“It was the neatest thing to hear him sing in our large living room with great big panes. I thought the windows were going to break,” recalls Sheri of Elvis’ powerful singing voice. She remembers sitting on his lap with her younger sister Yvonne. “Elvis asked if I was a good girl, and when I said yes, he gave me $10,” says Sheri, who purchased Tinker Toys and Lincoln Logs with the money.

Their dad, a Kamehameha Schools classmate of Don Ho, wasn’t much of a fan of Elvis’ music, but he was a fan of “Elvis, the spiritual giant,” as he recounted in his New York top five bestselling book, Inside Elvis. The singing sensation was up all hours of the night, such that he needed his sleep during the day. That’s why he wore those dark E.P. (his initials) glasses. Because the two buddies shared the same initials, Ed inherited a couple pair of Elvis’ shades. According to Elvis, both bonded because they were “rebels” – Elvis, a rebel in the rock ‘n’ roll business; Ed, a rebel in the martial arts industry. The men spent many nights conversing about the eternities and subjects of spiritual nature.

“Dad believed that Elvis had a sixth sense, and he would always call on our father when he felt he needed extra protection,” says Beth.

The day Elvis bought Ed Parker a Cadillac Fleetwood, Elvis rode the white, gold trim and top, with gold velvet interior luxury car back to Pasadena with Ed from Las Vegas. It just so happened that they passed the church that Beth and her sister Darlene were attending at 6 a.m. the following morning.

“Dad told Elvis we attended church before we start school every day; he was intrigued and wanted to visit us. We were pulled out of class, and he gave my sister and me a big hug … when I went back to class, I couldn’t even breathe, and nobody believed me that Elvis Presley was outside our classroom until there was a knock at the door,” recalls Beth.

It was Elvis, who wanted to know if he could briefly say hi to the class. With Beth’s seminary teacher weakening at the knees, shaking like a leaf and the jaws of students dropping to the floor, Elvis addressed the group: “I want to commend you kids for doing this and getting up so early … and I believe in Jesus Christ, too. Take care and thanks for letting me interrupt your class.” Because of that experience, nobody missed early morning seminary classes for months in hope that their idol might drop by again. “The students who slept in that day regret not attending.”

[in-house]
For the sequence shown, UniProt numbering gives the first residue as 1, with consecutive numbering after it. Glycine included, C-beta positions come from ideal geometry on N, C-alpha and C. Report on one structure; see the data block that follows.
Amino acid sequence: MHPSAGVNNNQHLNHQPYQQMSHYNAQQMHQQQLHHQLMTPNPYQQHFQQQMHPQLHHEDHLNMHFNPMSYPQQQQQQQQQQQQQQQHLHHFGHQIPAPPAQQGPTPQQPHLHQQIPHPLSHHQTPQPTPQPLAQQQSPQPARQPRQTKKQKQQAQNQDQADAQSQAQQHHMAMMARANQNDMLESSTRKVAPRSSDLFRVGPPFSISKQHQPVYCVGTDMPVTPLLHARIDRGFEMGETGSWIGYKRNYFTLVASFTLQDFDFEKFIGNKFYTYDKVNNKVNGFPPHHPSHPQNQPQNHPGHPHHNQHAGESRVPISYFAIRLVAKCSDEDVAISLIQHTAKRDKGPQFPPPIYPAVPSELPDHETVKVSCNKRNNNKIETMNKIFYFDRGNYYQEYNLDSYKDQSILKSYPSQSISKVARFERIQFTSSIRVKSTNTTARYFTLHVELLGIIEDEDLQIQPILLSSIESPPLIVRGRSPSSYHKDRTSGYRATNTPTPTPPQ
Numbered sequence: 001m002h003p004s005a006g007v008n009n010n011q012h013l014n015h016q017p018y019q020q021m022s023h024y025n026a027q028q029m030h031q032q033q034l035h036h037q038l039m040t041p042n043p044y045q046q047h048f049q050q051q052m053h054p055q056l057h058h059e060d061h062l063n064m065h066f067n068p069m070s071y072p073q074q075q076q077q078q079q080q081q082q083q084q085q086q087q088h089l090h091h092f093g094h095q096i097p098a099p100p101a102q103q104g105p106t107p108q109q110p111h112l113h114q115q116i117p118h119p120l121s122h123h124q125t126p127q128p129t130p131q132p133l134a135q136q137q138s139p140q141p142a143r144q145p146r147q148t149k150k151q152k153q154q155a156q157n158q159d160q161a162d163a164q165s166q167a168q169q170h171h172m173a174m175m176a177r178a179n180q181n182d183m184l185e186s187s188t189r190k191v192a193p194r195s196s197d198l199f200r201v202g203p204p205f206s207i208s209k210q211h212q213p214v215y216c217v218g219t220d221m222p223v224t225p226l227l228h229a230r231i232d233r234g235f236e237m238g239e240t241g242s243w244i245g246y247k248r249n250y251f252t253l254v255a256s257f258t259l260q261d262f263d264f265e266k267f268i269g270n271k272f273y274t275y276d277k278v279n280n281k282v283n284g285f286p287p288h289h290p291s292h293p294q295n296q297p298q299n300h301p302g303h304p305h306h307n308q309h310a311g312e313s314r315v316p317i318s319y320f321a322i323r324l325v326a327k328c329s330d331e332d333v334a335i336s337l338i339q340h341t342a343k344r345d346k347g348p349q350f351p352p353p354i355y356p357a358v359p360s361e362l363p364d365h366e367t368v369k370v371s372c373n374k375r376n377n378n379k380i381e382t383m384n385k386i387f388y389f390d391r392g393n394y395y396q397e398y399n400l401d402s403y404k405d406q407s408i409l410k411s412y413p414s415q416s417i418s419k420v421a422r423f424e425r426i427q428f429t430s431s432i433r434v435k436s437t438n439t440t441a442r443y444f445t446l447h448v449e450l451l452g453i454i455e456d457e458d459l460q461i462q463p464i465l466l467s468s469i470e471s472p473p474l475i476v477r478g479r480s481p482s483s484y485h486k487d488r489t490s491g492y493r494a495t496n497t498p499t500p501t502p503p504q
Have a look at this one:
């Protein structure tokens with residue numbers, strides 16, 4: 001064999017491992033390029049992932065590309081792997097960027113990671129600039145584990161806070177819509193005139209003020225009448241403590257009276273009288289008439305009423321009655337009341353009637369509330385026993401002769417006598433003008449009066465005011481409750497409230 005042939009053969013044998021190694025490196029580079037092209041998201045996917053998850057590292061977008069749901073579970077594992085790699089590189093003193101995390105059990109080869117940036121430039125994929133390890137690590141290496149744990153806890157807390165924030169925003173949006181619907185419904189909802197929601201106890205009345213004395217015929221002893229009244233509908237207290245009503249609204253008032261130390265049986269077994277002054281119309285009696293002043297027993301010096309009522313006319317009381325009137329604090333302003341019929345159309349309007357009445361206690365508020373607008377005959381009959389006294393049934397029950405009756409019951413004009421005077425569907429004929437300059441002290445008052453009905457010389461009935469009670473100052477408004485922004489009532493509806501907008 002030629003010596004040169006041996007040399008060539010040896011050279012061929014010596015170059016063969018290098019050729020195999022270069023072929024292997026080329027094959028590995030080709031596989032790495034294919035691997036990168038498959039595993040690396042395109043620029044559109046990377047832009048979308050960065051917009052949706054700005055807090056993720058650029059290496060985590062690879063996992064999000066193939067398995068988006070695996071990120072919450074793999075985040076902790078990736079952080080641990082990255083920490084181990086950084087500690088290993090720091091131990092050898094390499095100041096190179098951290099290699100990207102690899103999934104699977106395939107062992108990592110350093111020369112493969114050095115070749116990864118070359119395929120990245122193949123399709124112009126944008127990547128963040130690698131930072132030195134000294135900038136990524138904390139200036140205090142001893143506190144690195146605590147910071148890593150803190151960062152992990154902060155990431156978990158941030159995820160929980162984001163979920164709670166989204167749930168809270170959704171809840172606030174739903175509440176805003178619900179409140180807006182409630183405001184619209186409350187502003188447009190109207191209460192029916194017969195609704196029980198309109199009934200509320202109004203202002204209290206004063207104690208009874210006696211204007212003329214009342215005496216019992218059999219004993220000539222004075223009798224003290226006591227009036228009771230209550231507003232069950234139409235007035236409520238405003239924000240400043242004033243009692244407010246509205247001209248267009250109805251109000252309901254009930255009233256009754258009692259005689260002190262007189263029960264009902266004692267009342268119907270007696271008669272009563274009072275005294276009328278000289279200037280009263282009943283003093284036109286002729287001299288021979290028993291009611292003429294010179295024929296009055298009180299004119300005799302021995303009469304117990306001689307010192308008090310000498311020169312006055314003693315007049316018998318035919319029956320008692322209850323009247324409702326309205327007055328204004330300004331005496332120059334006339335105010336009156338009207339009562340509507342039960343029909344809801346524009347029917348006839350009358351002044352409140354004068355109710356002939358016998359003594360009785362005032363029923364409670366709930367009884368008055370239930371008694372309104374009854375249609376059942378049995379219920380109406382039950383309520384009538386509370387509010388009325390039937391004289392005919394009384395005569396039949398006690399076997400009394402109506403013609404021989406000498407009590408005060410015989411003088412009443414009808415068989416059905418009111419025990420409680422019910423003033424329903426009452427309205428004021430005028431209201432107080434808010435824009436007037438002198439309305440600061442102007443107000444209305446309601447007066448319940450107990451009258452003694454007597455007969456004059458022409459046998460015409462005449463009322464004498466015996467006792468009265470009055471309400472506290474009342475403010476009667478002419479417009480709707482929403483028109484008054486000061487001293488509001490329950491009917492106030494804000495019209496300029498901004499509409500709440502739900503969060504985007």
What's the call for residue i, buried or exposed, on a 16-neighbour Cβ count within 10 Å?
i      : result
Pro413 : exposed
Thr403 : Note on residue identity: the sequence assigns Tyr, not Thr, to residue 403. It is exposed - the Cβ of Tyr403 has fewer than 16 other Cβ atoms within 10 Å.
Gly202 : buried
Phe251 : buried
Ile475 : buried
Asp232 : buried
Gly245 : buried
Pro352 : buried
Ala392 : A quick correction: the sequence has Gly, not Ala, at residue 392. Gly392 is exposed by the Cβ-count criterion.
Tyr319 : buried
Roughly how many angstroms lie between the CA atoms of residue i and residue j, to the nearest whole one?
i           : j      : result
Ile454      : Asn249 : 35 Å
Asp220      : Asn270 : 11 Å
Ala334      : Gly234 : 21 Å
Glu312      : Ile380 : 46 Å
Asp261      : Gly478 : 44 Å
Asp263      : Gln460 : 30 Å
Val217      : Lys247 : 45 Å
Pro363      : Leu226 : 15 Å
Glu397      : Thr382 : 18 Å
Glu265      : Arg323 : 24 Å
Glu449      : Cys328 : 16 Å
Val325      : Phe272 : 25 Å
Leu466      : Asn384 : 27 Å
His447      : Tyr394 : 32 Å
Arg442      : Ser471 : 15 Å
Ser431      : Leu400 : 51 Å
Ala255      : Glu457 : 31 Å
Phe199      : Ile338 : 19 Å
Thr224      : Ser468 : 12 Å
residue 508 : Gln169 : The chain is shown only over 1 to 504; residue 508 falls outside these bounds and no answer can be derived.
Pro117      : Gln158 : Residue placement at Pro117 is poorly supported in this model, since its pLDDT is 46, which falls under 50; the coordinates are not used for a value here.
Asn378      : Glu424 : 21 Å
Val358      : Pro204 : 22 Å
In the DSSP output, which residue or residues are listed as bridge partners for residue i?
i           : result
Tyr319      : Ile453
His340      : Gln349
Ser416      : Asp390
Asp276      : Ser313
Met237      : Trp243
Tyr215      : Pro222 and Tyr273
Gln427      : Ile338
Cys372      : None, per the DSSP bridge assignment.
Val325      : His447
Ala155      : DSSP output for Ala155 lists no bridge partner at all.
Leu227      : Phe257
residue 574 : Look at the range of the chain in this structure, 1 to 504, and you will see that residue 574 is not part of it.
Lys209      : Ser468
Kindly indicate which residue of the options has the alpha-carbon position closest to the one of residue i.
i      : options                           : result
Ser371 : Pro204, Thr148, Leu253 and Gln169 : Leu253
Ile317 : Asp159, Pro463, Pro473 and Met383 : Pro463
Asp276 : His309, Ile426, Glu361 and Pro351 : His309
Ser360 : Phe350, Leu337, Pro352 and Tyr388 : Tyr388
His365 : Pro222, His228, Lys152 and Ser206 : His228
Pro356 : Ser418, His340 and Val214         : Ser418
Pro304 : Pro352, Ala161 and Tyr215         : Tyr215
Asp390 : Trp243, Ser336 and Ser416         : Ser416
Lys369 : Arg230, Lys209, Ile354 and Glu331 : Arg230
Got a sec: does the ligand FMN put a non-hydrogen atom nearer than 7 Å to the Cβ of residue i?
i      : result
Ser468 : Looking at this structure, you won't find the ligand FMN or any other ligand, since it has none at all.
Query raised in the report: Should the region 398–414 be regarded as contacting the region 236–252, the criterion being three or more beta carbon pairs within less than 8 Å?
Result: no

And there was the Disneyland concert experience in Anaheim, when Elvis sent a limousine to fetch the Parker family.

“My recollection of the concert is it was past my bedtime so I fell asleep,” says Sheri, who was age 6 at the time.

“After the concert, we all hung out with Elvis at his penthouse, when we met a shy Lisa Marie for the first time. He gave us some of the scarves that he threw out into the audience, he kissed us, and we hung out with him as we saw dozens of screaming fans from a bird’s-eye view,” adds Beth.

Elvis came one last time to Hawaii in 1977, when he rented a house in Kailua and Beth’s dad took her to visit with him. Sheri and Beth say Elvis clearly loved the people of Hawaii. He felt more at home in the Islands, according to them, because local fans, by and large, were “respectful” of his privacy. In fact, their father often said that Elvis was “Polynesian at heart.” That’s why he enjoyed the company of Ed Parker and his ‘ohana. They knew him for who he was and not for what he had. They respected him for more than being a rock star, and knew him as a compassionate and gentle soul.

To the Parker sisters, Elvis will live forever in their thoughts and hearts.



.



What a wonderful story.
There are so many people with an Elvis link and I haven't seen this one before.

Re: Daughters Ed Parker remember Elvis...

Tue Mar 01, 2016 12:07 am

MikeFromHolland wrote:This topic was placed in the "Elvis In The Media" section for quite a while already, without getting the attention it deserved according to fellow member DEH. His suggestion was to place it here.

So here it is for all to enjoy:

--------------

Found on: http://www.midweekkauai.com/lifestyle/if-you-knew-elvis-as-they-knew-elvis/

Image
Sheri and Beth with a photo of their dad and Elvis | Photo from Sandra Sagisi

If You Knew Elvis As They Knew Elvis
MUFI HVNNEMANN on August 28, 2013 at 3:22 pm

Aug. 16, 1977, forever will be remembered by Elvis fans everywhere as “the day the music died.” I was studying in New Zealand at the time and was bummed beyond comparison as I took a break from classes that day to mourn the loss of the King of Rock ‘n’ Roll.